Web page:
I love this drama for all the debates it sparked between viewers, for making one think about their approaches to marriage and love, for all the shit-stirring characters, and for the ultimate question: do you have enough moral fibre? However, Show also made me frustrated as it went along, because nothing was really progressing, and many strings were just left loose in the end.
But really, I’d like to disclaim that much as I root for Yoo Se Young (Choi Ji Woo), it has nothing to do with her pairing with Kwon Sang Woo in Stairway to Heaven (gawd, I can’t stand that drama), so it’s atrocious for some people to assume that some of us who root for her are blinded by our love for that OTP in that drama. Also, for all the defenses I give in favor of Se Young, it doesn’t mean I’m amoral. I do not understand this logic. I root for Se Young because I see the reasonings behind her action, even though it’s not something that normal people will do. In the end, Se Young does see that her little “experiment” has hurt many people, and she is apologetic for it. Of course, many people would say that being apologetic doesn’t undo the harm done, but at least she recognizes her faults, yes?
I was telling a friend about the backdrop of Show, and her comment was rather interesting. With regards to the “indecent” proposal of Se Young to Chae Seok Hoon (Kwon Sang Woo), she said, “I thought [Se Young] would be thinking of it as a strict business proposal since she’s such a career minded person? If so, then I don’t see why she’s being blamed for breaking up a marriage.” In that sense, are those who immediately think Se Young is having some other intentions amoral?
What I don’t really like about the ending is nothing much is resolved. I think too much time was spent on the affairs of the companies, and so Kang Min Woo (Lee Jung Jin) is let off the hook again? Letting him lose Na Hong Joo (Park Ha Sun) is not too much of a punishment/warning for him to be such a shit-stirrer, though I enjoyed him being the cause of trouble fo Se Young and her company. For all the underhand methods he had on his business dealings, he was never being dealt with legally is something I cannot comprehend. I think the writer lost steam for the overall picture, while focusing too much on the love story of Se Young and Seok Hoon.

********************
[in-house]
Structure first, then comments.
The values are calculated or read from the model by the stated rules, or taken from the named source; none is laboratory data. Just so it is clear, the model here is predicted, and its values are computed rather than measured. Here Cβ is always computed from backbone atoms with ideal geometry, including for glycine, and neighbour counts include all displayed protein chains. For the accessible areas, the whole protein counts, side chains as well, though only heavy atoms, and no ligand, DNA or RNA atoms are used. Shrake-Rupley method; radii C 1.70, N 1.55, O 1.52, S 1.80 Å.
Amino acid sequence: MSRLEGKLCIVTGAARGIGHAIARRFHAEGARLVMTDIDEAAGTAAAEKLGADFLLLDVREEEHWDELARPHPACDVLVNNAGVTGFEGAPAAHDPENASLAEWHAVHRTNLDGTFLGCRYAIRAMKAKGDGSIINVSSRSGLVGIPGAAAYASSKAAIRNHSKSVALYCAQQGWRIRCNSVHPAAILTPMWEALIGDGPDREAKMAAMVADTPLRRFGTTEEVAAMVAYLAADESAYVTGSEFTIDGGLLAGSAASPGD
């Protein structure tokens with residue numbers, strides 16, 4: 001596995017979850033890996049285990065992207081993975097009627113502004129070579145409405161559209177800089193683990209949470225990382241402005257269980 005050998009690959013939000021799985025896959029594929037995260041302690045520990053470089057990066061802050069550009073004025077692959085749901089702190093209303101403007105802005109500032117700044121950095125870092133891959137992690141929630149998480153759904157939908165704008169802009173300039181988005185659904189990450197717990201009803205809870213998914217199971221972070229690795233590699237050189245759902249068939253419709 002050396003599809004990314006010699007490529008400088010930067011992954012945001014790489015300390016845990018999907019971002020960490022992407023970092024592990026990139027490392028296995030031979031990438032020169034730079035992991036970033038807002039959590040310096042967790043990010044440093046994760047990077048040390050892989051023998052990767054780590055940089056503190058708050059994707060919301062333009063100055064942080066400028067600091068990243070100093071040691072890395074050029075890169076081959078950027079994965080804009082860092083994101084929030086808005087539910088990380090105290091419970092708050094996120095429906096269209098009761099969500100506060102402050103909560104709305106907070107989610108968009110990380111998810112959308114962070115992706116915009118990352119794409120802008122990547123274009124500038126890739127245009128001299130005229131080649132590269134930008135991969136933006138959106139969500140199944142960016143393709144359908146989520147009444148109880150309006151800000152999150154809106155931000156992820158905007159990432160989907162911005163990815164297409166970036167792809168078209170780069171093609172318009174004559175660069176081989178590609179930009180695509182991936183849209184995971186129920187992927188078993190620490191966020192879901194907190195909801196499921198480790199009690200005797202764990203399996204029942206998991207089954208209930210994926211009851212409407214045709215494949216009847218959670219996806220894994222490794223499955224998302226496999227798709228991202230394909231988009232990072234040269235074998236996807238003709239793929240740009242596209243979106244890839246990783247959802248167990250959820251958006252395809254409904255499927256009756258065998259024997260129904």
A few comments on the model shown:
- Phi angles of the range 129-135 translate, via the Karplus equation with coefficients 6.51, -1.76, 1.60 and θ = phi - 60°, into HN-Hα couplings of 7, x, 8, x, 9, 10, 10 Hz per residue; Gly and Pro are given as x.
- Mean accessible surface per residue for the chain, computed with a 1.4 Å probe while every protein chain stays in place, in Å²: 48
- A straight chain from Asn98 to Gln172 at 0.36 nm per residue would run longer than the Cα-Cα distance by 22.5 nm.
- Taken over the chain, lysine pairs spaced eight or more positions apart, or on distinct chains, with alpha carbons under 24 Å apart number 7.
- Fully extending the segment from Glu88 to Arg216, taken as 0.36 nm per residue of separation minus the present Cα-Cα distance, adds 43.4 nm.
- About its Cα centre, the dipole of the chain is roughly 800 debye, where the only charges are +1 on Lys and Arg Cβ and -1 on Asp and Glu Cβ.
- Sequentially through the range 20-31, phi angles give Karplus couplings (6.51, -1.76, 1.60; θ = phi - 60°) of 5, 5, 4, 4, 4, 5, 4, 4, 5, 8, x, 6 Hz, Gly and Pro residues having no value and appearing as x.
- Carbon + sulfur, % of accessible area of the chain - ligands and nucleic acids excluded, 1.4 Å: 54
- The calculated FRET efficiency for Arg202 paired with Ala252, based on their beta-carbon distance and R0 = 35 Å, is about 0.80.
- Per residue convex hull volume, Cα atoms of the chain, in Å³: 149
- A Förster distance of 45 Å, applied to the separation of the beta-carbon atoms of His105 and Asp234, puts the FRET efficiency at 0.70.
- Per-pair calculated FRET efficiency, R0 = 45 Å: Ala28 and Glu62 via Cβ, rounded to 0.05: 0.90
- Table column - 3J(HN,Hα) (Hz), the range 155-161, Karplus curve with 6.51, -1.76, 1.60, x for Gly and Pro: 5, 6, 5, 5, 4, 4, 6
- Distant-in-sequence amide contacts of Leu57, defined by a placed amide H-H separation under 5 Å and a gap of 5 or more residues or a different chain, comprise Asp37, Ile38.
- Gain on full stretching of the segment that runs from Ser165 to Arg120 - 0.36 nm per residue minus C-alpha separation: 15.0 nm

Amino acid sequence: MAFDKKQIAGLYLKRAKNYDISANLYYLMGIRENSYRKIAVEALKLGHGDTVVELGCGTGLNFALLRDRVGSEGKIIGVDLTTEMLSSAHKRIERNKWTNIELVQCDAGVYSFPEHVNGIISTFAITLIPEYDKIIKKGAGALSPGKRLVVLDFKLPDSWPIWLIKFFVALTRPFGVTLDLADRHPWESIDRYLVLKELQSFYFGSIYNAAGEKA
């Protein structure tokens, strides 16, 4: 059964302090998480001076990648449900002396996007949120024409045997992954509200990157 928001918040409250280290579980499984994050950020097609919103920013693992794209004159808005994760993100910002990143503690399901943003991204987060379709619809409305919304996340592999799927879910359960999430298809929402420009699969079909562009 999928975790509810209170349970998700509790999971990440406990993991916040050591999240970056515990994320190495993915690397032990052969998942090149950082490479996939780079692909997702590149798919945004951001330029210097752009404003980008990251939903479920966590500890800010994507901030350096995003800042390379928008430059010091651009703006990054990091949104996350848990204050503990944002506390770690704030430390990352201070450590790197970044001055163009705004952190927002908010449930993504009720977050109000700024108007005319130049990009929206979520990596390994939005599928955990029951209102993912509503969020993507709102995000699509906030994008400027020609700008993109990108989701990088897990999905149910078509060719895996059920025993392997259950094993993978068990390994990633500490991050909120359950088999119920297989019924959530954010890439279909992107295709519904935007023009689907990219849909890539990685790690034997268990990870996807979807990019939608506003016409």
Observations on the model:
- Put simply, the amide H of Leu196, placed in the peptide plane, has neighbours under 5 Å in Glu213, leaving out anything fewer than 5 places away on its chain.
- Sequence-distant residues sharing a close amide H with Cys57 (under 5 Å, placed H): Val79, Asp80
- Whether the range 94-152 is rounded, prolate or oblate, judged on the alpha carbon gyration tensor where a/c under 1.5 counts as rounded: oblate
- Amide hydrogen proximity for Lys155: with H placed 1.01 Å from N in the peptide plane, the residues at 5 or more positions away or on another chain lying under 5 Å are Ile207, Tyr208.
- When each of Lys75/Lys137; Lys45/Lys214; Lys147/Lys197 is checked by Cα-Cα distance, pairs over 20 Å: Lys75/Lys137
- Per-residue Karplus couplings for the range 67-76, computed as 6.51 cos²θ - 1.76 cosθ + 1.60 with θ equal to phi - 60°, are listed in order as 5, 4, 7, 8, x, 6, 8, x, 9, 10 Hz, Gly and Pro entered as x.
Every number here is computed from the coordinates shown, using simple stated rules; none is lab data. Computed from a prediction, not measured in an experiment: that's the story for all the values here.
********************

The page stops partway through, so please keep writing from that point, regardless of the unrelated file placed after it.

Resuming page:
I do appreciate that the health condition of Se Young was mentioned from the very beginning, and so it’s not some “because I broke up a marriage, I’m being punished with having ovarian cancer” troupe. Using disease as some sort of a moral resolution is misleading and preachy and just plain wrong. I also like that it’s not some magic operation she went through and get cured, but rather it’s an open-ended situation.
I think the craziest character has got to be Min Woo’s ex-wife Han Ji Sun (Yoon Ah Jung), because whoever would risk their life to be pregnant with the ex-husband’s child again even though she’s been told she shouldn’t get pregnant again as it’ll be life threatening? I really think she loves his money and the social standing more than anything, and frankly speaking I have no idea whether she wants to get revenge on Min Woo or not, for divorcing her. And don’t even get me started on Min Woo’s mother, who embodies all the irritating traits of a typical K-drama chaebol mother-in-law, as well as the logical fallacies in her actions.
I think Show made me open my eyes to the fact that there’re many viewers out there who remain rather conservative when watching dramas (it’s exactly the same for those who express their discomfort with the huge age gap between Rain and Krytal in She’s So Loveable). Not trying to be preachy here, but I wish more people can appreciate artistic/creative work as it is, and not use what they’re comfortable with as a yardstick for the fictional characters.
Well anyway, do not watch this if you know you can’t stand stories about affairs/cheating spouses (even though I don’t think mentally straying is cheating, but that’s just me). You’ve been fairly warned.